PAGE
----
“The Magnification of Inequities During COVID-19 and Why it Matters for Science”
Thursday, November 4, 2021
12:00 PM (EST) | Via Zoom
Cassidy R. Sugimoto is Professor, School Chair, and Tom and Marie Patton Chair in the School of Public Policy. Her research examines the formal and informal ways in which knowledge is produced, disseminated, consumed, and supported, with an emphasis on issues of diversity, equity, and inclusion. She received the Indiana University Trustees Teaching award (2014) and a Bicentennial Award for service from Indiana University (2020), where she served on the faculty from 2010-2020. During her tenure at IUB, Sugimoto also served a rotation as the Program Director for the Science of Science and Innovation Policy program at the National Science Foundation. She has a doctoral degree in Information and Library Science from the University of North Carolina at Chapel Hill.
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Thursday, November 4, 2021
10:00 - 11:00 AM (EST) via Zoom
Join the conversation to discuss the ongoing effects on caregiving and work demands brought on by COVID-19. We will share lived experiences and solutions as we grapple with the long-term impact of the pandemic. Open to UB Faculty, Staff and Students.
Gender Equity Activist, Civil Rights Attorney & Co-Founder of Aliana Nacional de Campesinas
“Authentic Leadership During Turbulent Times”
October 7, 2021
12:00 PM (est) via Zoom
Information to interact with the work that Mónica Ramírez is leading:
Humans that feed us: https://justice4women.org/the-humans-who-feed-us
LA Times Coverage of lack of representation of Latinx people in film/tv:
Latina Equal Pay Day: Oct. 21 - https://www.latinaequalpay.org/about
Mónica Ramírez is the daughter and granddaughter of migrant farmworkers. She was born, raised and lives in a rural community in Ohio where her family settled out of the migrant stream. She is a long-time advocate, organizer, social entrepreneur and attorney fighting to eliminate gender-based violence and secure gender equity. For over two decades, she has fought for the civil and human rights of women, children, workers, Latinx(e) community members and immigrants, specifically addressing the needs of farmworker women across the U.S.
In 2003, Mónica created the first legal project in the United States dedicated to addressing gender discrimination against farmworker women, which she expanded to create Esperanza: The Immigrant Women’s Legal Initiative of the Southern Poverty Law Center. In 2006, she launched a first of its kind national working group to address and prevent workplace sexual violence against farmworker women, which led to a national conference on this issue, the publication of a Best Practices Manual and helped inspire and inform the work of many advocates and lawyers around the country. Mónica consulted on the documentary “Rape In the Fields” and she has written several groundbreaking reports on gender discrimination in the U.S. food industry, including “Injustice On Our Plates.”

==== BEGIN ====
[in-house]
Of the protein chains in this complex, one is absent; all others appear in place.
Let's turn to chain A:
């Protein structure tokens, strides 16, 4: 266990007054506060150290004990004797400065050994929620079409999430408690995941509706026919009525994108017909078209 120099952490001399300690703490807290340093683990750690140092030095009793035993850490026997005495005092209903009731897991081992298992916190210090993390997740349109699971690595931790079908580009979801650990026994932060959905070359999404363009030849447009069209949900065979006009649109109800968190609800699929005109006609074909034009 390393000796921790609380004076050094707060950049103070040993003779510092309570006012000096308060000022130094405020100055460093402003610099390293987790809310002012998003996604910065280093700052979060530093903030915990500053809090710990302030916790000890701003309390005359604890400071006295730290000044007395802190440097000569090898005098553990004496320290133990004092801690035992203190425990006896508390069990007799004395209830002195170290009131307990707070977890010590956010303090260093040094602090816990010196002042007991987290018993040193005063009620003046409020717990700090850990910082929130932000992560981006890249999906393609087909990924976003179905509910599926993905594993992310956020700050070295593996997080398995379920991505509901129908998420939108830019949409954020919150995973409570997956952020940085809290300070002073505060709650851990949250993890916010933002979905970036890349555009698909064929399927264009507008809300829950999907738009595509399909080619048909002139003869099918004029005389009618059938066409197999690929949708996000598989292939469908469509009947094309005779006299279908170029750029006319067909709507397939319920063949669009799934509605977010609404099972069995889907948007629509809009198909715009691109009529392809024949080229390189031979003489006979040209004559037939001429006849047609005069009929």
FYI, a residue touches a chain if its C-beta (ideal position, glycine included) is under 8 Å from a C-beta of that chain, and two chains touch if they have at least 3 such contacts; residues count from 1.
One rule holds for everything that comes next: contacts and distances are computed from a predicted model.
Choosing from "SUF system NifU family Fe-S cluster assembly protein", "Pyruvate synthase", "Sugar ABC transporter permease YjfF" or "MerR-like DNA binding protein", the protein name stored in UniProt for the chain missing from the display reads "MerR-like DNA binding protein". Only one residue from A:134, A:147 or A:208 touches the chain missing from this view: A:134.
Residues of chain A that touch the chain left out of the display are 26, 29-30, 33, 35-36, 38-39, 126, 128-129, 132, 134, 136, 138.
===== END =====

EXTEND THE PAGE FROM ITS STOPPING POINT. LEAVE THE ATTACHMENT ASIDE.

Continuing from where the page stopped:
She has founded and co-founded several other major initiatives, including the Bandana Project, Justice for Migrant Women and Alianza Nacional de Campesinas. In November 2017, Mónica wrote the “Dear Sisters” letter on behalf of Alianza that was published in TIME magazine from farmworker women to women in the entertainment industry that sparked the creation of the global TIME’S UP movement. Mónica also wrote and organized the Querida Familia letter to the Latinx community with Eva Longoria, America Ferrera, Diane Guerrero, Olga Segura and Alex Martinez Kondracke, which garnered the support of over 200 Latinx leaders and was published in the New York Times in the wake of the El Paso massacre in August 2019.
Mónica co-founded The Latinx House in 2019, which focuses on uplifting the power and contributions of the Latinx community through culture change and narrative work, as well as power building, education and alliance building. In 2020, she joined 9 other Latina leaders to cofound and launch Poderistas, an organization aimed at uplifting and educating Latinas, while also amplifying their power, potential and many contributions.
Mónica is recognized as a thought leader and prominent voice in the Latinx community for her long history as an organizer and her innovative approach to advocacy. She has received numerous awards, including Harvard Kennedy School’s first Gender Equity Changemaker Award, Feminist Majority’s Global Women’s Rights Award, the Smithsonian’s 2018 Ingenuity Award and the Hispanic Heritage Award. Mónica was named to Forbes Mexico’s 100 Most Powerful Women’s 2018 list and TIME Magazine included her in its 2021 TIME100 Next list.